20. The DorobekInsider reader: Obama cyber policy review
  21. DorobekInsider: Congratulations on the wedding of Bob Suda and Joanne Connelly
  22. DorobekInsider: Most read items for the first week of June
  23. DorobekInsider: GSA’s Dorris, Army’s Sorenson, HP’s Hempfield earn AFCEA Bethesda
  24. The DorobekInsider on DC’s NewsChannel 8 on dashboards — and the Kiviat graph
  25. DorobekInsider.com: Martha Johnson to be nominated as GSA administrator soon — maybe today
  26. The DorobekInsider transparency, openness and data.gov reader
  27. DorobekInsider.com: The Obama CTO reader
  28. DorobekInsider: Remembering Officer Stephen Tyrone Johns
  29. DorobekInsider: Former GSAer John C. Johnson wins ACT/IAC’s 2009 Franke award
  30. DorobekInsider: ConnellyWorks scores a coup hiring ACT/IAC’s Kelly Olson

The most read items from Federal News Radio 1500 AM’s Daily Debrief with Chris Dorobek and Amy Morris

  1. TSP Roth 401(k) option now on the table
  2. Senior Correspondent Mike Causey talks about your TSP
  3. Women in Government: Brig. Gen. Paula G. Thornhill
  4. Daily Debrief EXTRA: “Special Agent” Efrem Zimbalist, Jr., honored by FBI
  5. No cure for FERS flu?
  6. Dashboard success at the Indianapolis Museum of Art
  7. Improving procurement and acquisition policies
  8. Congressman uses crowdsourcing to redesign Web site
  9. No COLA for federal retirees?
  10. AFGE pushes for changes in Bureau of Prisons
  11. Dashboards: coming soon to an agency near you?
  12. Same-sex benefits changes for federal employees
  13. Changes coming to REAL ID Act
  14. Analysis: The face of the new ‘cyber czar’
  15. What’s happening now in Iran
  16. Fedarra hopes to help agencies make sense of recovery.gov
  17. What’s going on at the GSA Expo?
  18. Women in Government: Casey Coleman
  19. Congresswoman: DHS’s NPPD deserves recognition
  20. Your TSP: Changes coming tomorrow?
  21. GPO’s Role in Transparency
  22. White House’s Melissa Hathaway outlines goals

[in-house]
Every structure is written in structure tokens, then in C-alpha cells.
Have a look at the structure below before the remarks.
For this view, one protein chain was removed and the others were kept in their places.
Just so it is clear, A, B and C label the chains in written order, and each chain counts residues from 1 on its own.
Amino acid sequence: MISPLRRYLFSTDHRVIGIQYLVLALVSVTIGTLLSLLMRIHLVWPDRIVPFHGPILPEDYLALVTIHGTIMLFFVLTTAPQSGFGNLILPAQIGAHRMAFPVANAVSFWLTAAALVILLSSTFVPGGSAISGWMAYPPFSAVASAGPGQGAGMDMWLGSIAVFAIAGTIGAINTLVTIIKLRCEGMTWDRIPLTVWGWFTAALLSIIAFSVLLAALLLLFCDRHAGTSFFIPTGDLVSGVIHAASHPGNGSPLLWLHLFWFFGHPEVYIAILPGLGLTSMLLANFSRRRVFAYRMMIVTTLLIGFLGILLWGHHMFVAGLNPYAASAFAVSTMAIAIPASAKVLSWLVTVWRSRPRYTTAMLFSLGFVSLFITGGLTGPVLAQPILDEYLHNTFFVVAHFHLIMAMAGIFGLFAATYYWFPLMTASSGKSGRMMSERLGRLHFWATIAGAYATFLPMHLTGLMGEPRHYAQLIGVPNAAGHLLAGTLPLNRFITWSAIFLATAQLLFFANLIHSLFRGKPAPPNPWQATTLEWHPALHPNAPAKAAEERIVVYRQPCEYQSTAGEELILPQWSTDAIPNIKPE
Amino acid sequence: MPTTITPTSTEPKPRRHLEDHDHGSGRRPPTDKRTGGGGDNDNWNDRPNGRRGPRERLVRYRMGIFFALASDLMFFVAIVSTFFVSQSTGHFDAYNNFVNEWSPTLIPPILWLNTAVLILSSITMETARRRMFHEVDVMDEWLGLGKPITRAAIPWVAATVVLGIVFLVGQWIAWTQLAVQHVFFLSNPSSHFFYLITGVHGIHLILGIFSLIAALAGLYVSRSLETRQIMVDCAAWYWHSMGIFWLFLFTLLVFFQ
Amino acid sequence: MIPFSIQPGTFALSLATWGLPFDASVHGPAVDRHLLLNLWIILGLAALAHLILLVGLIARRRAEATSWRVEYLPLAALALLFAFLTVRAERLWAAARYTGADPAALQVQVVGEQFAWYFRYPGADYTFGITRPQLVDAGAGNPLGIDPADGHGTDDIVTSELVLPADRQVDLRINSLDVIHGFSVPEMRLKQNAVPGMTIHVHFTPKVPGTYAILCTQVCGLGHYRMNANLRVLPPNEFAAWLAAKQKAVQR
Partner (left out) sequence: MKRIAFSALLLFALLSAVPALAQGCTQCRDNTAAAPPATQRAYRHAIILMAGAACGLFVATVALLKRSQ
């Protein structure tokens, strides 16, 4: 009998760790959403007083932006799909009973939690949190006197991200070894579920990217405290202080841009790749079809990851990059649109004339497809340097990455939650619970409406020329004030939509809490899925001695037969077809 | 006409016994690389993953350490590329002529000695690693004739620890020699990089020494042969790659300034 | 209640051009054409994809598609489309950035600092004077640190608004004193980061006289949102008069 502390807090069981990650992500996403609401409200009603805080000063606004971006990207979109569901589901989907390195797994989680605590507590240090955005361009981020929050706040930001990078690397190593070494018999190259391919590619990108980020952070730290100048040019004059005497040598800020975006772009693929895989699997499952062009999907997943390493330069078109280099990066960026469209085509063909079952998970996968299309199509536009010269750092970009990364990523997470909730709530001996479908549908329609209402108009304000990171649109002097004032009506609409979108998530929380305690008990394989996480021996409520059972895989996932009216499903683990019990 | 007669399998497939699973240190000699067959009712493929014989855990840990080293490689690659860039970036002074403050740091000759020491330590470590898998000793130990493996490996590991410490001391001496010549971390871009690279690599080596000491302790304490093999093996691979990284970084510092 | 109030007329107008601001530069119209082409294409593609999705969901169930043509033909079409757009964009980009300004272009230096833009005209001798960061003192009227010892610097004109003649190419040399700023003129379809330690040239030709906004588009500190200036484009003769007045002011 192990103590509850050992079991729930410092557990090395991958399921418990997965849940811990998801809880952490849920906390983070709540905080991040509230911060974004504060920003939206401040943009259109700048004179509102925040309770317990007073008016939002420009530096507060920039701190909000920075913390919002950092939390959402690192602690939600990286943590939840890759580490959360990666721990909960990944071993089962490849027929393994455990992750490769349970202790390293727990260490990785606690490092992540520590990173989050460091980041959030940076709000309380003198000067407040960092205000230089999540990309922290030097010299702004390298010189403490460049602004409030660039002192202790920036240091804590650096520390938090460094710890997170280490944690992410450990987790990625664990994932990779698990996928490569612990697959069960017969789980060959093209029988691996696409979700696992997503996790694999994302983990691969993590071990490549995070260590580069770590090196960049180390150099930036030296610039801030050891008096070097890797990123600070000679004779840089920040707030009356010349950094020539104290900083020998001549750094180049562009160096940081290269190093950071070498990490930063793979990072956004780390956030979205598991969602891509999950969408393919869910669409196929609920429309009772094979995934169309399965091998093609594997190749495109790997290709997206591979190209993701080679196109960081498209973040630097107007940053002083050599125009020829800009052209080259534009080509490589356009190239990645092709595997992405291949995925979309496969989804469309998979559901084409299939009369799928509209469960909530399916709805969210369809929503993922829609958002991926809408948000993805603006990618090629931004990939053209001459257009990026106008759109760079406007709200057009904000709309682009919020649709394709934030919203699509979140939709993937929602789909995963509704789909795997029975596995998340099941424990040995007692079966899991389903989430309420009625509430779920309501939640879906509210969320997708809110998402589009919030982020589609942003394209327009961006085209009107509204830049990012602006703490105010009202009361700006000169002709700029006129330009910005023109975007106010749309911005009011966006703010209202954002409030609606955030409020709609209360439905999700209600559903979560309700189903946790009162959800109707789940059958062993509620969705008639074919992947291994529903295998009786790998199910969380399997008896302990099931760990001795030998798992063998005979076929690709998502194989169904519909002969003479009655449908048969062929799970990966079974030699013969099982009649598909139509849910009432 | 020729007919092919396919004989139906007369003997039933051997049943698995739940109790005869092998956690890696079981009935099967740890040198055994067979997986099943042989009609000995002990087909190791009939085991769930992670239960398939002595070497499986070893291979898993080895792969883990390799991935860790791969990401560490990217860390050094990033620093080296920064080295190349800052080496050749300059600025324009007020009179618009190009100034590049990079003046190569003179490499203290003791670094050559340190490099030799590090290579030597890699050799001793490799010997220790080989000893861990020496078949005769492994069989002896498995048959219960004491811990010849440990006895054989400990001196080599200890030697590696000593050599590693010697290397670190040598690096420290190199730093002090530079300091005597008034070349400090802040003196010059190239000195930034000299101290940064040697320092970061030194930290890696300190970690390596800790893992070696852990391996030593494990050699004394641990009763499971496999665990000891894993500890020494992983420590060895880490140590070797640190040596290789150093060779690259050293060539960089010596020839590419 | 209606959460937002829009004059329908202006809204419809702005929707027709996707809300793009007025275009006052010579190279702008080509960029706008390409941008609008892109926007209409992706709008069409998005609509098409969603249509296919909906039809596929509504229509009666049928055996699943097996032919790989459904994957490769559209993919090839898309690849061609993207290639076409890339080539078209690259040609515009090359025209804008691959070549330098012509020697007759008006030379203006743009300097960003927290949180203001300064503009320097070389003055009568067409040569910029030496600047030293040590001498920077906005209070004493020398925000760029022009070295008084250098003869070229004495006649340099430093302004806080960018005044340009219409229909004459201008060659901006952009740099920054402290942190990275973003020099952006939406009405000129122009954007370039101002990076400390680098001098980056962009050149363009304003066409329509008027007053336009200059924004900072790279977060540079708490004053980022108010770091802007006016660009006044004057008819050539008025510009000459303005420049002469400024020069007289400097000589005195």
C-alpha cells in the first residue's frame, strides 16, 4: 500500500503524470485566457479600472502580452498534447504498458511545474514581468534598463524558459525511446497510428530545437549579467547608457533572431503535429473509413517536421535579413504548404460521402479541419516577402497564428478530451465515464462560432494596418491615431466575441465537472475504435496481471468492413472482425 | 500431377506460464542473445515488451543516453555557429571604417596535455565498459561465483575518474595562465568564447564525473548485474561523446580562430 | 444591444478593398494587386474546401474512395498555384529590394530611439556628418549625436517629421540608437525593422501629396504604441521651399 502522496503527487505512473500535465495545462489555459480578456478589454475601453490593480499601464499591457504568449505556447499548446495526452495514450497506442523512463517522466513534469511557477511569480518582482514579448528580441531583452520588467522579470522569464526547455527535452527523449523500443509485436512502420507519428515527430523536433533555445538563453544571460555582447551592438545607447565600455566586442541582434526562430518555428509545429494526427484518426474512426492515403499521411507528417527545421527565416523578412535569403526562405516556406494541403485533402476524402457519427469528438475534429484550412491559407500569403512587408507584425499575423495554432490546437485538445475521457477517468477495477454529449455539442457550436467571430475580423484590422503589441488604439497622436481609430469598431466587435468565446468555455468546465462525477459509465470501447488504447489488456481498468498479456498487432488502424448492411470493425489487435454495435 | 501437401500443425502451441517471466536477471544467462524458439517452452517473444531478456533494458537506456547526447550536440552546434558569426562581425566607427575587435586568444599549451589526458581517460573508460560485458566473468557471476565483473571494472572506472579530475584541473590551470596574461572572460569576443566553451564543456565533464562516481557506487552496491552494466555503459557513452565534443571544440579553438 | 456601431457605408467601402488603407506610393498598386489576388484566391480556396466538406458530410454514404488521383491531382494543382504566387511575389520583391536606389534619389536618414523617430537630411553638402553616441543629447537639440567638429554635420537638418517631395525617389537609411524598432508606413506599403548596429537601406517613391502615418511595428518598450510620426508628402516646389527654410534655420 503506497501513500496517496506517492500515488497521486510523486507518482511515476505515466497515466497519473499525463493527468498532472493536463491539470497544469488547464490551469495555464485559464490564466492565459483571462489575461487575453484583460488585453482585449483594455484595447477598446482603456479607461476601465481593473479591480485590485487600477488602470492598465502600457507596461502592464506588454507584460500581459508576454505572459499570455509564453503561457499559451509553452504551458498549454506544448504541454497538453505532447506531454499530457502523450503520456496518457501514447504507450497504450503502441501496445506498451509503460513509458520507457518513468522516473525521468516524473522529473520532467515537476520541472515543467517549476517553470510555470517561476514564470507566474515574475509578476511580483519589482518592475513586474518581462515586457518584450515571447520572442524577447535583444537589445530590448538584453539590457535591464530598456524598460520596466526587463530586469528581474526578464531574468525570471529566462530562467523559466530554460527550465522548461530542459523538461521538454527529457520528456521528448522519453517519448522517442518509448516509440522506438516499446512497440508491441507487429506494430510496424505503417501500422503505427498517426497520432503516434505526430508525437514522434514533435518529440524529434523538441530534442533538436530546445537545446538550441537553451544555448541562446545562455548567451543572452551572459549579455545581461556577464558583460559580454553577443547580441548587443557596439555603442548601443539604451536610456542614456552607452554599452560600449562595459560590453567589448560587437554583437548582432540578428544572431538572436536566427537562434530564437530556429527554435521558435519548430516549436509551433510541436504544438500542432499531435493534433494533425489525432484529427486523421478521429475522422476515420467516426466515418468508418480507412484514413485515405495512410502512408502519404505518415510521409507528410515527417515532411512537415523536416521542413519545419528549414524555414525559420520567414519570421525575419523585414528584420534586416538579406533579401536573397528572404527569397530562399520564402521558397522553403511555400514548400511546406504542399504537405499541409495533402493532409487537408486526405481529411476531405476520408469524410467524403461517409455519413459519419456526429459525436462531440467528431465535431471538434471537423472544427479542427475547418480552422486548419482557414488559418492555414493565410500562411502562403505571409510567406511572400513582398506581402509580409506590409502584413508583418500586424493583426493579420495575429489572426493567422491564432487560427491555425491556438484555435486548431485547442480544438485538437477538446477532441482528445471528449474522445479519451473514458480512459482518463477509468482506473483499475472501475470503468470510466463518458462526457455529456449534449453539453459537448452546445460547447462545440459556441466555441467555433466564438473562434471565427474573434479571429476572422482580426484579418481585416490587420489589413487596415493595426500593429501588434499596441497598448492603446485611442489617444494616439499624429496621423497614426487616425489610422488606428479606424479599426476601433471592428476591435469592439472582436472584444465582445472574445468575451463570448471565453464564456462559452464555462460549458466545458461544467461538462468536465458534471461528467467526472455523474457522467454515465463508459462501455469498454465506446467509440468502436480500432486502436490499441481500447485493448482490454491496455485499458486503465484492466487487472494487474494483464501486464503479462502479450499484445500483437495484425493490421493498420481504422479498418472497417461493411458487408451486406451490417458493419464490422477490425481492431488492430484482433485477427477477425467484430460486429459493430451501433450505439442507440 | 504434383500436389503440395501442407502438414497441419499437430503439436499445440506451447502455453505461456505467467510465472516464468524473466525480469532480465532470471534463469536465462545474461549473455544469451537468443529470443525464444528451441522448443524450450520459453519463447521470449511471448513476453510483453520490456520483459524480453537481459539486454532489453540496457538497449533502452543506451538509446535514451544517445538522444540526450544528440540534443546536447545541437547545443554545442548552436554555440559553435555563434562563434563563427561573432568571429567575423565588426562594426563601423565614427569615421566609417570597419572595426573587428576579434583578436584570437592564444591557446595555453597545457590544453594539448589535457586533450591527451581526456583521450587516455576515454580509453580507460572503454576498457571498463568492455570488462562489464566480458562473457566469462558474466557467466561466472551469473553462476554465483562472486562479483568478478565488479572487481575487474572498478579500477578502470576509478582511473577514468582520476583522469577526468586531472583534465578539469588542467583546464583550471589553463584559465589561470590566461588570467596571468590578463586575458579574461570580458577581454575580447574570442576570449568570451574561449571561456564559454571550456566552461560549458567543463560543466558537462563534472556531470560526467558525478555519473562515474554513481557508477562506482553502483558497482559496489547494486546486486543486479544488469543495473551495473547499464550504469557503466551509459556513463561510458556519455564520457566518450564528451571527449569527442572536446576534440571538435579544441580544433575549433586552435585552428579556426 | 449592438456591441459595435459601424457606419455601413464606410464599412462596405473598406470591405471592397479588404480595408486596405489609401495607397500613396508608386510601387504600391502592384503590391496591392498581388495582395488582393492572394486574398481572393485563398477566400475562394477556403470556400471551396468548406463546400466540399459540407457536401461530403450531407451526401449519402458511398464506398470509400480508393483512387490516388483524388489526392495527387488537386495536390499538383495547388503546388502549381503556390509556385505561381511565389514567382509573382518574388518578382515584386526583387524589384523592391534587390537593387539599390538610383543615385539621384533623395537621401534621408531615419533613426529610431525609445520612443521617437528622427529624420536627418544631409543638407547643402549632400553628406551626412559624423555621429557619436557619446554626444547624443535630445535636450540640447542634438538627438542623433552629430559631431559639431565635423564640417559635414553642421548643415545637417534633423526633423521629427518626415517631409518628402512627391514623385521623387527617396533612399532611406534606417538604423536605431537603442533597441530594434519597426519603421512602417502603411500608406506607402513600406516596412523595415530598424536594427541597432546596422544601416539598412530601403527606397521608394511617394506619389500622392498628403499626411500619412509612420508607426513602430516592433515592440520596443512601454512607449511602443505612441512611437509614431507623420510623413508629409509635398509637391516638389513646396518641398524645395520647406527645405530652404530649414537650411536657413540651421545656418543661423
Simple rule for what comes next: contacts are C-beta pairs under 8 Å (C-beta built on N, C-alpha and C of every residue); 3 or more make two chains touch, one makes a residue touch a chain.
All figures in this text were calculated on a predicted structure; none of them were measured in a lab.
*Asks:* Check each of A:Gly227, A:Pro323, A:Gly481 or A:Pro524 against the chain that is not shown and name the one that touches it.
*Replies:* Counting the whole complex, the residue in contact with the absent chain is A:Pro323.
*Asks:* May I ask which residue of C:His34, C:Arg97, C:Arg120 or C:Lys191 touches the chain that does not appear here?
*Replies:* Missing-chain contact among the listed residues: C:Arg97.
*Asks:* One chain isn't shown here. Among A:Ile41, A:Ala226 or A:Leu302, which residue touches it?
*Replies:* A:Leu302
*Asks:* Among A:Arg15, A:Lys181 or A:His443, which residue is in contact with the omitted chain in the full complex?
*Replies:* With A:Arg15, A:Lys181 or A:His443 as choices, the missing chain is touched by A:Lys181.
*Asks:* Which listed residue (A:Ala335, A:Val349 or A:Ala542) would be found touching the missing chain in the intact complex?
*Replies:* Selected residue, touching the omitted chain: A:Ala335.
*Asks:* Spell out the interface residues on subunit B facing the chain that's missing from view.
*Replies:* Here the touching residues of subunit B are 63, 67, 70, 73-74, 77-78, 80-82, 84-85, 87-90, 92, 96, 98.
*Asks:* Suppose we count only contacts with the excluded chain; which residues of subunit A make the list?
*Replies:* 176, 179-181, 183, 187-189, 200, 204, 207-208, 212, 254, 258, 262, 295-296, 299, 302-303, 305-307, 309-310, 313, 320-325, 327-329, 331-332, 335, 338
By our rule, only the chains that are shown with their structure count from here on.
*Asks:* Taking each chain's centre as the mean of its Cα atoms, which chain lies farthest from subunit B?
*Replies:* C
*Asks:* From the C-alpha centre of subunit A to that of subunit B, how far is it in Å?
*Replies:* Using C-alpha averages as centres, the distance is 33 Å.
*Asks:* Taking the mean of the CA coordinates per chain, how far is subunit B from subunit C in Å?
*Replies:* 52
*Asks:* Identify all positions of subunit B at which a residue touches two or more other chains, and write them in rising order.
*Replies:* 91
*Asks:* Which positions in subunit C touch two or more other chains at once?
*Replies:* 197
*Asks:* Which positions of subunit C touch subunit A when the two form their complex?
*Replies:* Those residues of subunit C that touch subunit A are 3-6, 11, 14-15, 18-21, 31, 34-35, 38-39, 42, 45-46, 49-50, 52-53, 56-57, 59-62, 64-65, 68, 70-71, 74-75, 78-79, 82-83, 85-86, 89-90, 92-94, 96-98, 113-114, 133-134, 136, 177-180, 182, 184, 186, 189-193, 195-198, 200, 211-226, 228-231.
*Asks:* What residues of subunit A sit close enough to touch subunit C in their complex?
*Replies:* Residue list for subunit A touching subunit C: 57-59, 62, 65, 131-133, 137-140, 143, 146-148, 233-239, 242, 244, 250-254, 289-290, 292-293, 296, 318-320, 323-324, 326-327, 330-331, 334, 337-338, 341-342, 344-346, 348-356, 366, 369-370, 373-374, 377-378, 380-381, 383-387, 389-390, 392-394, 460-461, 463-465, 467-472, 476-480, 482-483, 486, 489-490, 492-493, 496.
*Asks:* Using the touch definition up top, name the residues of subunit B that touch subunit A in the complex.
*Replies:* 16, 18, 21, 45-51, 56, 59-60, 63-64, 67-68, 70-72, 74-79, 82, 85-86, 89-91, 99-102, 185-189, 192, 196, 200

23. An explanation of those buzz words: ‘business intelligence’
  24. Meet the Innovators: Clay Shirky (Part 2)
  25. Partnership hopes conferences will attract more to federal service
  26. DoD ‘cybercommand’ developing
  27. Pushing ‘pay-go’ on Capitol Hill
  28. Opposition in Iran uses Twitter to organize
  29. GAO on VA’s ‘enhanced use leases’
  30. Federal agencies increasingly posting to Web in many languages
  31. Go to ‘Privacy Camp’ this weekend
  32. FAIR Institute releases report on insourcing

Written by cdorobek

June 22, 2009 at 5:42 AM

DorobekInsider: Women In Technology – Government Leaders at the Helm: A New Era — the liner notes

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For the past few days on Federal News Radio 1500 AM’s Daily Debrief with Chris Dorobek and Amy Morris, we have had an ongoing feature — Women In Government. It has been an opportunity to look at government in a different way. Those reports were leading up to an event tonight hosted by Women In Technology called Government Leaders at the Helm: A New Era. Qwest’s Deirdre K. Murray pulled together a stellar panel:

  • Linda Cureton, the NASA Goddard CIO
  • Cindy Moran, DISA’s Director of Network for Services
  • Lisa Schlosser, Director of EPA’s Office of Information Collection
  • Kathleen Turco, GSA’s chief financial officer
  • Kate Hudson Walker, President, Young Government Leaders and Senior Analyst for Strategic Issues, GAO
  • Molly Wilkinson, Homeland Security & Governmental Affairs Committee, Minority Staff Director, Sen. Susan Collins (R-ME)

Lisa Wolfe, the program director for Federal News Radio 1500 AM, was slated to be the moderator, but literally hours before the event, she lost her voice — she got laryngitis. So Wolfe asked me if I could step in… and I was honored to be a part of the program.

We had a wide-ranging discussion — from cloud computing to leadership to the government hiring and workforce issues. Federal News Radio’s Jason Miller was there and he will be filing a report in the coming days.

A few quick observations:

Over all — Wow! What a remarkable group of people — each one of them with unique skills.